Posted by: Dan at September 17, 2009 10:44 PM

Misogyny is only one symptom of the cultural corruption that is my central target, here. But you're evading the argument.

I am not seeking to ban all activities that contribute to the abstract notion of misogyny. I'm seeking to define a particular service as non-salable. Your shorthand that I'm "banning... people" is dangerously reckless. The people can be and say whatever they wish. They just could not trade sex for money.

On practical considerations, your slippery slope is completely inverted. The more libertine acts our society legalizes and normalizes, the more grounds the left has to declare that my views are so beyond the pale that they must be considered to border on illegality. How many prostitutes would have to be murdered, after explicit legalization, for anti-prostitution advocates to be cited as the cause — fostering hatred and such?

Posted by: Justin Katz at September 17, 2009 11:04 PM

Justin, you're lumping all prostitution together, which isn't realistic in practice at all.

Show me an -indoor- sex worker who's been abused by a client or a pimp in Rhode Island, and maybe your point would make a little more sense.

I could argue that the 'Craigslist Killer' was caught (after killing a woman in Massachusetts) by a Rhode Island couple working together who felt that they could call the police. The difference in outcomes between Massachusetts and Rhode Island is your murdered prostitute.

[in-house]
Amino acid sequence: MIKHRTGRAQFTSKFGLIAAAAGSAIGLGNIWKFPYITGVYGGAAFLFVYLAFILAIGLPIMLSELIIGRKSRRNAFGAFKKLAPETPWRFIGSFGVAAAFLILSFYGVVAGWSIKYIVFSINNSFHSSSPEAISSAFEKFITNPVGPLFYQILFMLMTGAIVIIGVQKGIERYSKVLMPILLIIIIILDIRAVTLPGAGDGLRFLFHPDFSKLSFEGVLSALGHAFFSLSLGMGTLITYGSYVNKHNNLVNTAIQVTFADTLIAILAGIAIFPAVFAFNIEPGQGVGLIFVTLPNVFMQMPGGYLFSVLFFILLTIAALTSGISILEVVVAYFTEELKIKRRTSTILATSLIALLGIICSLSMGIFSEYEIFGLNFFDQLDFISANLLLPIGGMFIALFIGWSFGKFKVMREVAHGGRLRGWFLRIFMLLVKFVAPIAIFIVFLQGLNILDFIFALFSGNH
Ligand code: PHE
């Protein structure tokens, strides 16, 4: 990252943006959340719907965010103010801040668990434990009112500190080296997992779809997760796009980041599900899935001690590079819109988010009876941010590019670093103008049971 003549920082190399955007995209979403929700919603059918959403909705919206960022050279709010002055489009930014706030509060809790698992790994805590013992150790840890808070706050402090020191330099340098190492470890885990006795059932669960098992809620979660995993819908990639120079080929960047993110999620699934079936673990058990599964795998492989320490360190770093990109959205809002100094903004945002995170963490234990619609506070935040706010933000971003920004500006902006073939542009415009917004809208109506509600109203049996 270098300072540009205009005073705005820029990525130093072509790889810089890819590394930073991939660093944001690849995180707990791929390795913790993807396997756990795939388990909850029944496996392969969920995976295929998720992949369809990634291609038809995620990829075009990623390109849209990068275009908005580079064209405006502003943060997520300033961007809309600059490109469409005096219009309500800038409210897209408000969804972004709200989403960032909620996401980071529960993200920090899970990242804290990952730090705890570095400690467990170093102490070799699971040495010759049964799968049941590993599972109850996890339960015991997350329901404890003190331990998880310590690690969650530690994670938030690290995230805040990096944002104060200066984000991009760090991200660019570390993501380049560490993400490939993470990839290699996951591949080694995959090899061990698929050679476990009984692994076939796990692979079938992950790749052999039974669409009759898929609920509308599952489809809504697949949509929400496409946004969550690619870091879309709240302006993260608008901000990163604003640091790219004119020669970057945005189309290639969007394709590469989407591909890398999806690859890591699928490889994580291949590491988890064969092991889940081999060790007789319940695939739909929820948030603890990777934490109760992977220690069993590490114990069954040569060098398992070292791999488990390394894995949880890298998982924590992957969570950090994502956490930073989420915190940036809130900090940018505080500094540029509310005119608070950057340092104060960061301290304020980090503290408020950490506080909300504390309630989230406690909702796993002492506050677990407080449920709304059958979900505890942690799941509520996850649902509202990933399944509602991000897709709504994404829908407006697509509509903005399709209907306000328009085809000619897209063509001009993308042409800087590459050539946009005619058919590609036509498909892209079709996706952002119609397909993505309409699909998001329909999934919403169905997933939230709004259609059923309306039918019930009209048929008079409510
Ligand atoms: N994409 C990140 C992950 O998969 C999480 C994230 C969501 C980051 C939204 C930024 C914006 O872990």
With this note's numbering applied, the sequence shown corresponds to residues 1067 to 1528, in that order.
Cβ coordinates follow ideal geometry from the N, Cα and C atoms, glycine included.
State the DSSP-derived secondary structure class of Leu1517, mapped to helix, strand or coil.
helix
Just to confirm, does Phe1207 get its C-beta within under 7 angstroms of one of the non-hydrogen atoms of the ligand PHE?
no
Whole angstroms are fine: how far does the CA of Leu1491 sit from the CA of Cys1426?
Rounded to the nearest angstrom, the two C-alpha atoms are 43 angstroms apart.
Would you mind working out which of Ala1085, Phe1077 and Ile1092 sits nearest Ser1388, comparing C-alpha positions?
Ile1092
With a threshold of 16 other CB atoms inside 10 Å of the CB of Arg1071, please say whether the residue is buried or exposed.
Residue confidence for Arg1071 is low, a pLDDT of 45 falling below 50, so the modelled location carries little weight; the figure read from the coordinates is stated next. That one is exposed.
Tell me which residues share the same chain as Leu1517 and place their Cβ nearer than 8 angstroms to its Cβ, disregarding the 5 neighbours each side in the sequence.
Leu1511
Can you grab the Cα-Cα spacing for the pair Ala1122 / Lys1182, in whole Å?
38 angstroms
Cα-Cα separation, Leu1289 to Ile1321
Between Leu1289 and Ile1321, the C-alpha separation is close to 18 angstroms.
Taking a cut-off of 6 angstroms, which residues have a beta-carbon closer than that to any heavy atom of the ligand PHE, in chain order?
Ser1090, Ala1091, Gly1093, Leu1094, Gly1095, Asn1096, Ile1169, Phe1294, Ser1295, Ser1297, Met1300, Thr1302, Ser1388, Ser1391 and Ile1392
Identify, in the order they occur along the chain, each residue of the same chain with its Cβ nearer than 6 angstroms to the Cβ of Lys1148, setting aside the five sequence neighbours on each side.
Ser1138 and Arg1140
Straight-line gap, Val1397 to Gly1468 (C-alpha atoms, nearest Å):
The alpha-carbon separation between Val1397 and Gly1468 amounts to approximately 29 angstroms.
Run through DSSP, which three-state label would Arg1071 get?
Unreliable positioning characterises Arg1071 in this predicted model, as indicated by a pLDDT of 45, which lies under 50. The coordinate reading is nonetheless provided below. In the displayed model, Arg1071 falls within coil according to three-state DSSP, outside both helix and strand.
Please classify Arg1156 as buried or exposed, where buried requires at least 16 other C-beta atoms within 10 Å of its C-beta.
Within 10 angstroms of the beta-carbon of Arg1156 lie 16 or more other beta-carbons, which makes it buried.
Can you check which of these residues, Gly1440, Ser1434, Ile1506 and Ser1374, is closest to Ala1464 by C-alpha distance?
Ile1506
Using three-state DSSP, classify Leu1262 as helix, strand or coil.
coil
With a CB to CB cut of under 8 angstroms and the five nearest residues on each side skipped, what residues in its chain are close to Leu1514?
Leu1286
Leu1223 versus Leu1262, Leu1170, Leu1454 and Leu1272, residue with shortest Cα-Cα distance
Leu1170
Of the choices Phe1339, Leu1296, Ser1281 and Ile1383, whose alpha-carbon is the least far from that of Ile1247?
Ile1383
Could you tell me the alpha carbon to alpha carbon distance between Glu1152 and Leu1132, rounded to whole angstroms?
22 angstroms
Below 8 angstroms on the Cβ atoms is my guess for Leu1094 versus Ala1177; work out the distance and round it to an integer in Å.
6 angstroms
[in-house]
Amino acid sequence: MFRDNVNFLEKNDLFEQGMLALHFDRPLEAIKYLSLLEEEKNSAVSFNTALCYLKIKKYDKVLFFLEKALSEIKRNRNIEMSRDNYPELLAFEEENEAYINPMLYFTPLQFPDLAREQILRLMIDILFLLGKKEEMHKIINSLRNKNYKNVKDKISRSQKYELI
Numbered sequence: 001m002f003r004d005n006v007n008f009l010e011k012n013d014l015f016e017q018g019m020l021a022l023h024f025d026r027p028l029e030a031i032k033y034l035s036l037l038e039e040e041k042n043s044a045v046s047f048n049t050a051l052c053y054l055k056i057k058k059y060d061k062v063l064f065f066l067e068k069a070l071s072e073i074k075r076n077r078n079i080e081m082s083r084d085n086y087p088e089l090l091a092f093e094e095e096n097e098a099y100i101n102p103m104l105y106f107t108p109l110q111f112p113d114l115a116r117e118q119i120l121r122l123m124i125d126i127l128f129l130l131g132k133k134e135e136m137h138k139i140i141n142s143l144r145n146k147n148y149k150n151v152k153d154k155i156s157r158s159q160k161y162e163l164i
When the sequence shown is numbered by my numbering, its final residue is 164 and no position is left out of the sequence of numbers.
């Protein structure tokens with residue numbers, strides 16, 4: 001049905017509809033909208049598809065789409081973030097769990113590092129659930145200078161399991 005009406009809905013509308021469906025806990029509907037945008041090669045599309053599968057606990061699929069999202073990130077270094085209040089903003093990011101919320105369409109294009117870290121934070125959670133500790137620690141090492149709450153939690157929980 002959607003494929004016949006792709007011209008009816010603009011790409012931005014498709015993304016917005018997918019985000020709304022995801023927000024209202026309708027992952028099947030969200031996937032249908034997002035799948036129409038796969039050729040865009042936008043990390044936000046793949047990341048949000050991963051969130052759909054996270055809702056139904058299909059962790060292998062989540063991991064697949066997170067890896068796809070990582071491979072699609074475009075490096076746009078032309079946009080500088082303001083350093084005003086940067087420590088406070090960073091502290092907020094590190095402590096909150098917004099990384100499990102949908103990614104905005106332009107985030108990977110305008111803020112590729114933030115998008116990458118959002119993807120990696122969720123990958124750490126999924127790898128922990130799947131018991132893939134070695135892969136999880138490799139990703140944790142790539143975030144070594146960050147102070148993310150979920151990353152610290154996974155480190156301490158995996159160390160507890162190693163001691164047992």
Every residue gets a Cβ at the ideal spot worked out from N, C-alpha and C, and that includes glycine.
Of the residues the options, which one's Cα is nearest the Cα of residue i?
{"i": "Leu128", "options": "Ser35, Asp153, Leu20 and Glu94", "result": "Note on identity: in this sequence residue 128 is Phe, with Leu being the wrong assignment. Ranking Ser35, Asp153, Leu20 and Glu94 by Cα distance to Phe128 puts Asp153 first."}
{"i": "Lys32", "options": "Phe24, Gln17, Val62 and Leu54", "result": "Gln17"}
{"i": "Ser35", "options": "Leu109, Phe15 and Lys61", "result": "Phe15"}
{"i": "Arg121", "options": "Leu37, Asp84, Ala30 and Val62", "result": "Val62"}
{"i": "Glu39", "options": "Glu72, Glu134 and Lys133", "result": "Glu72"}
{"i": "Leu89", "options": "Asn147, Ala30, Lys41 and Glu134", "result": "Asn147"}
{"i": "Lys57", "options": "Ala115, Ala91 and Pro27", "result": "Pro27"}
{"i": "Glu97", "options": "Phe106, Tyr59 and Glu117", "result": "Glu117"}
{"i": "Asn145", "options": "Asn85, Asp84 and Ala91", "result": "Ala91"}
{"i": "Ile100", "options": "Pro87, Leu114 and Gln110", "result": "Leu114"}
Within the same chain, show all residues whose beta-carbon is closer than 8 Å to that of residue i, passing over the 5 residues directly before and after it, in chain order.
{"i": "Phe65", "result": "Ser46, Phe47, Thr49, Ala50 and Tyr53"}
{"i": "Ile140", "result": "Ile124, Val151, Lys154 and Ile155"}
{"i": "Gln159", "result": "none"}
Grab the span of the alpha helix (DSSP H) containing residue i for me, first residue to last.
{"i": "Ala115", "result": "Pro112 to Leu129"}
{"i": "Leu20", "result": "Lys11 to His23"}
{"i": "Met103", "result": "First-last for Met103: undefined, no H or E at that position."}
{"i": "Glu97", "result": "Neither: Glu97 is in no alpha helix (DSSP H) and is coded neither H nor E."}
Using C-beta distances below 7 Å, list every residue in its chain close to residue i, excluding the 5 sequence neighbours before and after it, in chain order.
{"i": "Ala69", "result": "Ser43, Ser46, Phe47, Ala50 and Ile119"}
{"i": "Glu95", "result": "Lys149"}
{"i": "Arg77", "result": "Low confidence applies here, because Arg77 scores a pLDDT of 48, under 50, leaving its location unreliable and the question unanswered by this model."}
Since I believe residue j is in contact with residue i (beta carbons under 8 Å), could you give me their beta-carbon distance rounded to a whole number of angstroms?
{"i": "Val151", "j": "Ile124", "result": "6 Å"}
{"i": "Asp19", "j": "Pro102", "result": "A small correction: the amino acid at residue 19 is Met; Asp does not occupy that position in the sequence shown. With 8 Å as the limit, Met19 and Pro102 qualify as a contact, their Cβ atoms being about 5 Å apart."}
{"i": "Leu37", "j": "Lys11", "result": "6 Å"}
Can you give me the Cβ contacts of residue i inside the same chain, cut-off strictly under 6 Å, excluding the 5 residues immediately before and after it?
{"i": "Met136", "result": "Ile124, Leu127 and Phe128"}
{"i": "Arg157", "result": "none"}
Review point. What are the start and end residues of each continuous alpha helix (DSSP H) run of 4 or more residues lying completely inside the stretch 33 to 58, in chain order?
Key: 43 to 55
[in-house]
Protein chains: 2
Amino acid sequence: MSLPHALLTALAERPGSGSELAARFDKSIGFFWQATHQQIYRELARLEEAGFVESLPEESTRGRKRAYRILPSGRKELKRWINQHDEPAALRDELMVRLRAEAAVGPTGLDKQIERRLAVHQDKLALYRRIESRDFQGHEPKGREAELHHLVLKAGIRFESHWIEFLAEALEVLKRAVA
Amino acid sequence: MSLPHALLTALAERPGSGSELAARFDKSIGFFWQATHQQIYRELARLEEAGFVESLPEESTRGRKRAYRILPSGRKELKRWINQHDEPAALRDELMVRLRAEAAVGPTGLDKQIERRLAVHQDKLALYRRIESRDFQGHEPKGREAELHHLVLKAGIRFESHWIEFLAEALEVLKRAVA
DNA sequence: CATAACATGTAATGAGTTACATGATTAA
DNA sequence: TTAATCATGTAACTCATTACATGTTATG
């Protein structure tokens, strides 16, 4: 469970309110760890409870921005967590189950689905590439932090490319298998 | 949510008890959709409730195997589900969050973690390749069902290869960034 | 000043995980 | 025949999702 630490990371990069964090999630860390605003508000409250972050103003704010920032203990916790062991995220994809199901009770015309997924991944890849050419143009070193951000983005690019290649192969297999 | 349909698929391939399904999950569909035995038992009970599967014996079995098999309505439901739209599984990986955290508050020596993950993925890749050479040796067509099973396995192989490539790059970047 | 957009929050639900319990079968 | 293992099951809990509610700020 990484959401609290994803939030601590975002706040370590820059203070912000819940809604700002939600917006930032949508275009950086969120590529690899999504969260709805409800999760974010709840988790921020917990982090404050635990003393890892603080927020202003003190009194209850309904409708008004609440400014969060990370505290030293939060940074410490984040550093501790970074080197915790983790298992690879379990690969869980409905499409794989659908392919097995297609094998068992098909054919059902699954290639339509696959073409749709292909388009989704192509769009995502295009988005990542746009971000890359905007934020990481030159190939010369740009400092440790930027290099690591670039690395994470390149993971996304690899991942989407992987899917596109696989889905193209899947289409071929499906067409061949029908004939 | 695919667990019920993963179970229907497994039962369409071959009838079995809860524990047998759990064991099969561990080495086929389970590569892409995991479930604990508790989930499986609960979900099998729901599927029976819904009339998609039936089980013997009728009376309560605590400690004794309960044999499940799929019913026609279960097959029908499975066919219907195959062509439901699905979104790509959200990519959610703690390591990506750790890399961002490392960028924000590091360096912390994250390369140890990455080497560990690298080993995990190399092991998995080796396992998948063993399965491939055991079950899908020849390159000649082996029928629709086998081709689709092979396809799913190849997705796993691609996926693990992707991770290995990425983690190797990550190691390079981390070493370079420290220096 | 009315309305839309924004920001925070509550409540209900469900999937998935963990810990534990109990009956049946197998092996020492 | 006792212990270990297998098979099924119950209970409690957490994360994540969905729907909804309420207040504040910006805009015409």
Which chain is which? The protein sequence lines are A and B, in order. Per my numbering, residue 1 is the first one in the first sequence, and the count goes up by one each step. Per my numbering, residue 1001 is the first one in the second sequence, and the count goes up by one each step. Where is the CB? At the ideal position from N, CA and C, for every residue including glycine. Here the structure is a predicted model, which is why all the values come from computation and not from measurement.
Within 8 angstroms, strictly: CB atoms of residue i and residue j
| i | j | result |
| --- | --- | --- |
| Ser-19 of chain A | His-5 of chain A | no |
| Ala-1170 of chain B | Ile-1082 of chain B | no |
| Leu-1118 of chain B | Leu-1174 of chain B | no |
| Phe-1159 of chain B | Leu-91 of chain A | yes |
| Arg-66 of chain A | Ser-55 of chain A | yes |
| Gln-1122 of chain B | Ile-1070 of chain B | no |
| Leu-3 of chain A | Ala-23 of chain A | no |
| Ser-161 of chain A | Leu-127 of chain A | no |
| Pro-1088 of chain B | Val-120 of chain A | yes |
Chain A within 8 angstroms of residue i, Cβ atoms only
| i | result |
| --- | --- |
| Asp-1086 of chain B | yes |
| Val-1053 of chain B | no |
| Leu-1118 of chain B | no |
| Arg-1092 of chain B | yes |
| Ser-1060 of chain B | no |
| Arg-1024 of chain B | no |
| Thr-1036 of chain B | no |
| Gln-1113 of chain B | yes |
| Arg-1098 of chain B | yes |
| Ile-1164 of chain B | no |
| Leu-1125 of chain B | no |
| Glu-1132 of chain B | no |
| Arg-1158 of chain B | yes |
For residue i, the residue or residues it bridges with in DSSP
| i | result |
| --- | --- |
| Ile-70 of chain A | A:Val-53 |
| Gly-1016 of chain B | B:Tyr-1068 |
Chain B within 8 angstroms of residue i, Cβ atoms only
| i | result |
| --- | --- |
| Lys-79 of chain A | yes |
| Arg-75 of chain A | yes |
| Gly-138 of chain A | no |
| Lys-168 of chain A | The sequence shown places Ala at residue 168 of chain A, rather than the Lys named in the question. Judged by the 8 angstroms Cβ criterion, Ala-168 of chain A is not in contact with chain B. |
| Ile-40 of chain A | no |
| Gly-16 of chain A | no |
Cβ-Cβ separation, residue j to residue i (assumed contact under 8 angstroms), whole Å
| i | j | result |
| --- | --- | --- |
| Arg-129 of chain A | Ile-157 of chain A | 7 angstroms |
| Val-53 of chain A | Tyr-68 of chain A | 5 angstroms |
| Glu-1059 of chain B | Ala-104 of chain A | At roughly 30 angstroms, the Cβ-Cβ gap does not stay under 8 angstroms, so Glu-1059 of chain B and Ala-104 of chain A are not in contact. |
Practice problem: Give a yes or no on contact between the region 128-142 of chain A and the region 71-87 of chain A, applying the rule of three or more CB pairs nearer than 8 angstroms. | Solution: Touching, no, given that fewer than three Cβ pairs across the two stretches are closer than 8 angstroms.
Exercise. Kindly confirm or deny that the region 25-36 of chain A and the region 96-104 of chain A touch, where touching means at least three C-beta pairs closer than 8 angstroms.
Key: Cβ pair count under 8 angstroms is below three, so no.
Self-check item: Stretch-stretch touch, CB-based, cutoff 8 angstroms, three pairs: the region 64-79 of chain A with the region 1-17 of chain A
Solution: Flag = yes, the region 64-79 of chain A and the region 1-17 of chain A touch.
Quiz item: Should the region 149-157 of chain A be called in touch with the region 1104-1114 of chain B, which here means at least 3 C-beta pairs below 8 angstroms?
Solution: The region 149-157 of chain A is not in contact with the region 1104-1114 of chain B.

You ask how many need to be abused for us to determine that the entire profession needs to be banned, and I'm saying that -fewer- (none in Rhode Island so far) are at risk because working in an indoor, legalized context empowers the women to call the police when there's something wrong.

As for misogyny.... What do you think will foster more of it, willing women working behind closed doors making tens of thousands per month off of customers paying upwards of $300 for an encounter, or black-eyed, drug-addicted street-walkers willing to 'go' without protection for as low as $20?

So far the police in Providence have arrested hundreds of indoor AMP workers and found -zero- drugs on the premises and -zero- signs of abuse. Obviously, our model is working better than the national average already.

As for 'sex workers talking nonchalantly about performing fetishes, etc.', I would argue that the women are -doing their jobs- and are more likely to be able to say 'no' here than under the illegal context. Janitors talk 'nonchalantly' about cleaning up others' vomit and feces, something I wouldn't dream of doing, nor wish on my children.

Posted by: mangeek at September 18, 2009 8:54 AM

I always find it interesting that this group that is for throwing the women in prison uses random quotes from a chat board to say men are pigs, and because men are pigs we have to arrest the women who are selling them sex so that they might turn against the men.
I see things on the internet everyday, racist things and I don't attribute it to all people who are Republicans. I think the internet gives people freedom to say things that are over the top because of anonymity, just like the board that these select quotes come from.
Also, I wonder where the police fit into all of this? They were taking money from the spas, and that is not on chat boards, that is the truth.

Posted by: Happy Endings? at September 26, 2009 1:58 PM

"But you'll never be able to read Browning again 'all by yourself'," beetle's foot o'er the Basil crawl? they funny? Look just like mites of young pigs. We'll have to kill 'em

Posted by: forexbroker at September 4, 2012 9:33 AM
Post a comment

Remember personal info?

Important note: The text "http:" cannot appear anywhere in your comment.